Great War pioneers in anaesthesia and pain relief honoured in new exhibition

The Anaesthesia Heritage Centre based at the Association of Anaesthetists of Great Britain and Ireland (AAGBI) in central London, will formally open the next in the series of exhibitions demonstrating the development of anaesthesia during World War One on Tuesday, 3 November 2015.

A Silver Lining Through the Dark Clouds Shining: The Riddle of Shock’ is the second in the series of four exhibitions, each lasting a year. The exhibition was launched to commemorate the 100th anniversary of the outbreak of the First World War last year. It explores the development of anaesthesia and pain relief, and how the status of anaesthesia changed during this time.

The First World War saw unprecedented numbers of casualties arriving at hospital close to death from shock. Though its symptoms were well-recognised, the process was poorly understood and treatments ineffective. This free exhibition explores how treatments were developed during the War, and how doctors tried to solve the riddle.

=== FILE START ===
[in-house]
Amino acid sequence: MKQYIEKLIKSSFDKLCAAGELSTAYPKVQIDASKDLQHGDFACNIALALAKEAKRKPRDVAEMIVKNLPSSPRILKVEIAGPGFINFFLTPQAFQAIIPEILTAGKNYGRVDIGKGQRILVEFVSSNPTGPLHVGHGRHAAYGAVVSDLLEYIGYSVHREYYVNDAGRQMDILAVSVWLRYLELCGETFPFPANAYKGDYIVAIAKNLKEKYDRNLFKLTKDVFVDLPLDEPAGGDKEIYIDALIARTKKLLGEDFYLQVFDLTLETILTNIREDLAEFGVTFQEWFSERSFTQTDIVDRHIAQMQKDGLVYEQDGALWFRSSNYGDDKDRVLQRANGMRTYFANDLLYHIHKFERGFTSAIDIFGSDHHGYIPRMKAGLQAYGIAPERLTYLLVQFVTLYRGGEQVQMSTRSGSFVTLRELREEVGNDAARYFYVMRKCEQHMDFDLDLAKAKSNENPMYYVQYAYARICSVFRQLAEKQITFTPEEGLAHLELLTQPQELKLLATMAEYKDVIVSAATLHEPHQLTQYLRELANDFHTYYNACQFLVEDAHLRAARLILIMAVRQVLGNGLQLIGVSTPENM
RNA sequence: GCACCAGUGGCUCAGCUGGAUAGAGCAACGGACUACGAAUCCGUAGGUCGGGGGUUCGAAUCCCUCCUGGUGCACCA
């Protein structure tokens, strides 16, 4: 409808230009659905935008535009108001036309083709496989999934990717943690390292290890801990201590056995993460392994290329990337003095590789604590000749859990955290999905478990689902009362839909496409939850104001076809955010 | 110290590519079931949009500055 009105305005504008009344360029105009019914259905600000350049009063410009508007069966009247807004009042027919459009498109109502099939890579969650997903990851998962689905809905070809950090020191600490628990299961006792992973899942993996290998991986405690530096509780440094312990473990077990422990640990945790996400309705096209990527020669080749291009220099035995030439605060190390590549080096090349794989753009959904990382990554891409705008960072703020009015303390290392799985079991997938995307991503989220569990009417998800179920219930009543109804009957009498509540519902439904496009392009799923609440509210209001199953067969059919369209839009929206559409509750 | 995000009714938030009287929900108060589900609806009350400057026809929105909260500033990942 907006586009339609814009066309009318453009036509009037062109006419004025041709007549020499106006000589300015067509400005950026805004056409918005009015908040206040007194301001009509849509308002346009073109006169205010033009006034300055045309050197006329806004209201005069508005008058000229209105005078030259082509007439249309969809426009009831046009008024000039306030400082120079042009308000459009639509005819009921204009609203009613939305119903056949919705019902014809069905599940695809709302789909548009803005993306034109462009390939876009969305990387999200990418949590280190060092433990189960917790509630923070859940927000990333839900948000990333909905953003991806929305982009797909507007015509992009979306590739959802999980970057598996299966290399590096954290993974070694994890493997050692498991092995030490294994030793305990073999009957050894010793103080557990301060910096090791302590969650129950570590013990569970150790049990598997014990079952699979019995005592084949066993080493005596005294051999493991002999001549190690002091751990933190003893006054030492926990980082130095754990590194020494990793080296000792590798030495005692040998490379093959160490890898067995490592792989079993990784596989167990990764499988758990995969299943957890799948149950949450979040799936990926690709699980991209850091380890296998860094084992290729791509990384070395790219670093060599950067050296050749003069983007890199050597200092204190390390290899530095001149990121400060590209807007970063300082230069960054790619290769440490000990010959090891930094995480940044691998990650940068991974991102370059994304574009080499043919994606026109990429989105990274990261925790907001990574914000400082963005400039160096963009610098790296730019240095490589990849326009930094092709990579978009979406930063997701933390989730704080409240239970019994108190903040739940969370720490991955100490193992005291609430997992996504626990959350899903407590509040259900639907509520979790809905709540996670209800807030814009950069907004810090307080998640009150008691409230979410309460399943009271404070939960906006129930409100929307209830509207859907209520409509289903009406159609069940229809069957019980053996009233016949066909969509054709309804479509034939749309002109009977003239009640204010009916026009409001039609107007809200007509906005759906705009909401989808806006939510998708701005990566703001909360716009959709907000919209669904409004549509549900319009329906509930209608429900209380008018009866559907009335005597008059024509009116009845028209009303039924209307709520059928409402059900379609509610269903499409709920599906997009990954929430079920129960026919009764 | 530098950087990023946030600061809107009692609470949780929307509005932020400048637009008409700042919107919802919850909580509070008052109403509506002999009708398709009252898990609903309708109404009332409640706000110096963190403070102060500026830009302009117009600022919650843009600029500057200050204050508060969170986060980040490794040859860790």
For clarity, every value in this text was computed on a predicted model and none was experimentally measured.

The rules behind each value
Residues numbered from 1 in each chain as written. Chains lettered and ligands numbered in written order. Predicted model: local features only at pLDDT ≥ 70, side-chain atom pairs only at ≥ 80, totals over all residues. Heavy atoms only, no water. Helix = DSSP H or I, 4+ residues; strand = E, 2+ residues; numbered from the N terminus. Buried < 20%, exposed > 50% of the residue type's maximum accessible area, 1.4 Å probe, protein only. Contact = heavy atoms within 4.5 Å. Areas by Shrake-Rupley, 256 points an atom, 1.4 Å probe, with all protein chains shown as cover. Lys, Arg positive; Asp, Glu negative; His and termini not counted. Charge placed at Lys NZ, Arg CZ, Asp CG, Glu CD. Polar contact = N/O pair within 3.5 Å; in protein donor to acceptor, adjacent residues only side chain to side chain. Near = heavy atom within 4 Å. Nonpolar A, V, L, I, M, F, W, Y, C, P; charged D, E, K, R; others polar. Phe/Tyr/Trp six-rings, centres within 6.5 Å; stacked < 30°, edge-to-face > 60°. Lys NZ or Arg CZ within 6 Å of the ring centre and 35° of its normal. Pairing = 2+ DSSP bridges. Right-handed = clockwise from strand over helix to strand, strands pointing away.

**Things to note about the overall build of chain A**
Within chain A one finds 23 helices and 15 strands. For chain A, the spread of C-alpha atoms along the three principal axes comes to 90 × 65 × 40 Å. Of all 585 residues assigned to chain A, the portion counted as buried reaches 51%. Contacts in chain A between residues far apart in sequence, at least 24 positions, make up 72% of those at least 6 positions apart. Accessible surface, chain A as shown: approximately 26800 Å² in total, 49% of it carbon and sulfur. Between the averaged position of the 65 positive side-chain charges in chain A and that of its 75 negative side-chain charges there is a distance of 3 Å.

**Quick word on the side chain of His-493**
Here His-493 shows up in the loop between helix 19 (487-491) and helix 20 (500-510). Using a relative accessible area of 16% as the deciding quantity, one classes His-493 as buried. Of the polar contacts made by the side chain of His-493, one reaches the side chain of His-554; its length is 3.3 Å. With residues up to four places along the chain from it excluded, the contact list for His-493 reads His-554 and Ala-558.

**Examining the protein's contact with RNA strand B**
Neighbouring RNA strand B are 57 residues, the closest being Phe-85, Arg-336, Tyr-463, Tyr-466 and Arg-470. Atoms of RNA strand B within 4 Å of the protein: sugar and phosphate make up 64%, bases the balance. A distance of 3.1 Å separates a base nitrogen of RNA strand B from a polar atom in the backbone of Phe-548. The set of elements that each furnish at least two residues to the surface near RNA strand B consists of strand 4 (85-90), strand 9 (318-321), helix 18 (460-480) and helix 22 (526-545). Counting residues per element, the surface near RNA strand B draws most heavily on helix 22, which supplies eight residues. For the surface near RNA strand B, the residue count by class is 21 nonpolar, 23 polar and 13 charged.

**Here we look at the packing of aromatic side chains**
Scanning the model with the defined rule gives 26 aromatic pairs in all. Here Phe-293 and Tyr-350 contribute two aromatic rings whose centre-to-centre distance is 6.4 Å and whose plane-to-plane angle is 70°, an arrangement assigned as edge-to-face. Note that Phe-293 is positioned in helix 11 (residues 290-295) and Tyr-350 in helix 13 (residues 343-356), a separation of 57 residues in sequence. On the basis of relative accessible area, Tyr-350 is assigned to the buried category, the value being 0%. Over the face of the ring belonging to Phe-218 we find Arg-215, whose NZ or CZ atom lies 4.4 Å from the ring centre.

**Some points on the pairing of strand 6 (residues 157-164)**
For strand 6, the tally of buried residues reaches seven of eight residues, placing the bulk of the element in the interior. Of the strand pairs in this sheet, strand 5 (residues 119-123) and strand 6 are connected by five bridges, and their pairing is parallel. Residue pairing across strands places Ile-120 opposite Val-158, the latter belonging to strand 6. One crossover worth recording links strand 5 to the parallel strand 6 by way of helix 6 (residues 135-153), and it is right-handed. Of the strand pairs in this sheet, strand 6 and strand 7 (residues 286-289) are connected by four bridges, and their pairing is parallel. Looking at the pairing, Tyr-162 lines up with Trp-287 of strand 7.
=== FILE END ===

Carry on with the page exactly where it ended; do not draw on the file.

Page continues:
The exhibition is complemented by interviews with doctors discussing their experiences in subsequent conflicts, covering topics from the development of the Triservice apparatus to anaesthesia in Afghanistan.

AAGBI President Dr Andrew Hartle, who will open the exhibition said: “It is an unfortunate irony that wars are often a catalyst to major advances in medicine. The First World War was no exception and proved integral to influencing the development of modern anaesthesia. This exhibition will give you an insight into these significant advances. You will leave with a greater respect for the work of doctors who treated wounded people during wartime.

The exhibition is open to the public Monday to Friday between 10am - 4pm (last admission 3.30pm) at 21 Portland Place, London W1B 1PY.

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